Jr. Demus – Me a Bad Boy (1992)

Dancehall in the ’90s was full of gruff voices reminiscent of Smurfs villain Gargamel, but few possessed a timbre more coarse than Jr. Demus, younger brother to dancehall icon Nicodemus. A fixture of Biltmore Ballroom-era Brooklyn, Demus took slackness to the extreme, even signing to Luke Records, the Miami label owned by 2 Live Crew’s Luther Campbell. This version of “Me a Bad Boy,” produced by Bobby Konders and Salaam Remi, appeared on Massive B’s New York Rude Boys album in 1992, a classic document of the dancehall x hip-hop culture clash happening in NYC, and especially Brooklyn, at the time.

Louie Rankin – No Move (1992)

Another Massive B production given a hip-hop remix and included on the New York Rude Boys compilation (later re-issued as NYC Badmen), this one showcases Louie Rankin’s knack for savage adlibs.

Rayvon – Pretty (1994)

Whether playing singing sideman to Shaggy, or rapping and deejaying on his own dancehall and hip-hop tracks, Rayvon is one diverse artist. This remix of Rayvon’s “P in Pretty,” released on Funkmaster Flex’s Dope on Plastic label in 1994, features Rayvon quoting from hip-hop classics like Run-DMC’s “Sucker MCs” over a beat sampling Melissa Morgan’s “Fool’s Paradise,” among other NY radio staples.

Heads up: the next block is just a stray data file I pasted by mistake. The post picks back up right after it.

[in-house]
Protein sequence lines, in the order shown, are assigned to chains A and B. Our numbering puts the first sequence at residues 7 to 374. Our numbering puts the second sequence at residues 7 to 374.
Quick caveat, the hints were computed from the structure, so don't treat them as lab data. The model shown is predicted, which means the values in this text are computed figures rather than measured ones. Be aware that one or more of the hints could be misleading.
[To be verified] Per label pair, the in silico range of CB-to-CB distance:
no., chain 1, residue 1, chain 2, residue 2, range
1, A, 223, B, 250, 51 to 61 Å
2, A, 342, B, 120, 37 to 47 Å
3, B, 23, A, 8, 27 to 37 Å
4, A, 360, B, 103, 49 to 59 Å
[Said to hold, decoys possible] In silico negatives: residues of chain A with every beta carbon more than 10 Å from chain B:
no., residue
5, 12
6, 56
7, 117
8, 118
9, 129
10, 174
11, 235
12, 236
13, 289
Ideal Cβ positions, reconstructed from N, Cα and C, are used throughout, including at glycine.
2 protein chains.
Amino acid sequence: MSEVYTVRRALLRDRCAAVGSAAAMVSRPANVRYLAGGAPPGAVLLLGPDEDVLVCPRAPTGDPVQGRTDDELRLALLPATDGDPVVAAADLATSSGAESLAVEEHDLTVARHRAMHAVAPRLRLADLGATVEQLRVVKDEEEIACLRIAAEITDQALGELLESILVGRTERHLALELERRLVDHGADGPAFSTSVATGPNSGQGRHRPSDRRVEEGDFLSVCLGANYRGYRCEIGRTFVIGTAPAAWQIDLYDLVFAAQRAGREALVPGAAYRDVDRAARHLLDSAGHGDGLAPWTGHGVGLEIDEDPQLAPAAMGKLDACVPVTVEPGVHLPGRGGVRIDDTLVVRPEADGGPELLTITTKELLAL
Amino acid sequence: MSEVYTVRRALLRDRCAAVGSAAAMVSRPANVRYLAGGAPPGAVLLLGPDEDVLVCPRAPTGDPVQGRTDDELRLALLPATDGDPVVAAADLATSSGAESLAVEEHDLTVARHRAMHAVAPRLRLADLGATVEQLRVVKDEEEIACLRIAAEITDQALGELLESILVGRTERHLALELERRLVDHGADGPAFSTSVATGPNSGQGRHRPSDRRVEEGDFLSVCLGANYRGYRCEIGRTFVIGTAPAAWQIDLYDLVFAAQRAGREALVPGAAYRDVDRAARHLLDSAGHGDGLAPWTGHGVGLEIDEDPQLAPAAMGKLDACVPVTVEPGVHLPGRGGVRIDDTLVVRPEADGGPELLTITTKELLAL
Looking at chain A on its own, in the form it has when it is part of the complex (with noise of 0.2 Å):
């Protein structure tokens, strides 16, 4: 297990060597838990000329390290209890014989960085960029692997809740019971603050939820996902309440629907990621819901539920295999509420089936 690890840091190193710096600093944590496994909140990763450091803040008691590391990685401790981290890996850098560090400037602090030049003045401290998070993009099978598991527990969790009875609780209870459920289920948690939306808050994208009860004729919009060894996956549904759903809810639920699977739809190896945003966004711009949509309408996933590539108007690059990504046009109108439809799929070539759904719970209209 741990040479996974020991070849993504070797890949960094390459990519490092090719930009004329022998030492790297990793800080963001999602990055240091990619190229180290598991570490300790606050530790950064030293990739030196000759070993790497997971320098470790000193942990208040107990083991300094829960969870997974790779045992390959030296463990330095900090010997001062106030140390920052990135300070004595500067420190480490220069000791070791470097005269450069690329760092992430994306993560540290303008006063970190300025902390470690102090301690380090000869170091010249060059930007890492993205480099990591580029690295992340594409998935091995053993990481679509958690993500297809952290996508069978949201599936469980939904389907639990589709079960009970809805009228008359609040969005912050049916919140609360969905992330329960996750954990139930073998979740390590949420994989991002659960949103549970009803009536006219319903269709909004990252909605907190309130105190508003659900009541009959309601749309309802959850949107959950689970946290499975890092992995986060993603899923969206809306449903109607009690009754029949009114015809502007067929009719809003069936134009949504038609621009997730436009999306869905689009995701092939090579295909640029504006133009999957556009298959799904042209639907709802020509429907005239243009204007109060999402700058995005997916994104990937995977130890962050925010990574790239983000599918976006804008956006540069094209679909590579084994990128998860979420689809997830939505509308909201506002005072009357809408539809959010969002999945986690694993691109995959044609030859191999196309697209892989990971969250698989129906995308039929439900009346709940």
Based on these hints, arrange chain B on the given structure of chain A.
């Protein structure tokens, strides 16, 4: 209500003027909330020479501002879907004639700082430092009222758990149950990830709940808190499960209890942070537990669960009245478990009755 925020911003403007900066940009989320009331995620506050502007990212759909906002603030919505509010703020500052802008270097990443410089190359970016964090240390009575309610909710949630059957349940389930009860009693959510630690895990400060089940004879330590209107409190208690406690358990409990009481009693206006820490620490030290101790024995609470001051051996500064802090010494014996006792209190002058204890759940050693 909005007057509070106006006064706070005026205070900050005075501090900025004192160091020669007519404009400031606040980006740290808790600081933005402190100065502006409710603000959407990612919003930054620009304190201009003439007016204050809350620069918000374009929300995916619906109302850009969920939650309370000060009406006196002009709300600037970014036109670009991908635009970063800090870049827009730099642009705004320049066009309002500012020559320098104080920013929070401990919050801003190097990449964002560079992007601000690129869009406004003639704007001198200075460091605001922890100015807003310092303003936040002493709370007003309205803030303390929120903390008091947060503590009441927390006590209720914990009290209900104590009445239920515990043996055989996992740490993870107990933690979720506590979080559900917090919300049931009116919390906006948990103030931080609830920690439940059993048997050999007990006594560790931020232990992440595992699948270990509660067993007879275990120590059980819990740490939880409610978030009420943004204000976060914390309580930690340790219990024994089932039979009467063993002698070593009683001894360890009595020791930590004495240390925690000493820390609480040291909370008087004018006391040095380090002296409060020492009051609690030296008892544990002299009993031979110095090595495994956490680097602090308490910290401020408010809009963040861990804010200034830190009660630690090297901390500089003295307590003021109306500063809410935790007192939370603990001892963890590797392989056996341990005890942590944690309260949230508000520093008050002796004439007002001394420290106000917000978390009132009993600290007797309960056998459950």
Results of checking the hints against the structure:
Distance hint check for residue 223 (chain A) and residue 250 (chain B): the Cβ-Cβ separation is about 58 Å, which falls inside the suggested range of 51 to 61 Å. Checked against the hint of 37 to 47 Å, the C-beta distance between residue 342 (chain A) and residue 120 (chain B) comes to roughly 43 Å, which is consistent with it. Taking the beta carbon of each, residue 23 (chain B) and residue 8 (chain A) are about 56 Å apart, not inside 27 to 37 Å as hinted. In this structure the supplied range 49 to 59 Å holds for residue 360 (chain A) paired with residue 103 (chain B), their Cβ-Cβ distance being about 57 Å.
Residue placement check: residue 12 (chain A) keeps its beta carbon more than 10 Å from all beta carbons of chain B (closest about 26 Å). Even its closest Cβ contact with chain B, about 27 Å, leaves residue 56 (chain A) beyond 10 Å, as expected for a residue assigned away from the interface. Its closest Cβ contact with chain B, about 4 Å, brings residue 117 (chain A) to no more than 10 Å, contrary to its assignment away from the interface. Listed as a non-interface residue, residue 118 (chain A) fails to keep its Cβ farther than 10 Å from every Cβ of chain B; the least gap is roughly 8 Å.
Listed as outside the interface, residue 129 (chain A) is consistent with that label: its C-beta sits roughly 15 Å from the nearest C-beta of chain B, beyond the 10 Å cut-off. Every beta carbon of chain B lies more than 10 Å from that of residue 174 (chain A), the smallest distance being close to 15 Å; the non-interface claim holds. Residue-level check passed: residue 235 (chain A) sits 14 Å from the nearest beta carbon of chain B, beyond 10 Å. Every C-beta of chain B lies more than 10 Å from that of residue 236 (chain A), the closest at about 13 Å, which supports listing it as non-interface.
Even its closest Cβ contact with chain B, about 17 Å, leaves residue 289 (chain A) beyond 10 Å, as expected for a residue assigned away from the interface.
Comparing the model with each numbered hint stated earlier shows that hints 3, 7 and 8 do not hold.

Rayvon – No Guns No Murder (1994)

Following in the same vein as “Pretty,” this hip-hop x dancehall hybrid came with a timely message of anti-violence. Using a sample from Isaac Hayes’ “Ike’s Mood” (familiar to hip-hop heads via Biz Markie and Mary J. Blige) as its base, this party pleaser sees Rayvon paying homage to Slick Rick’s “La-Di-Da-Di” and Eric B. and Rakim’s “Eric B. Is President.”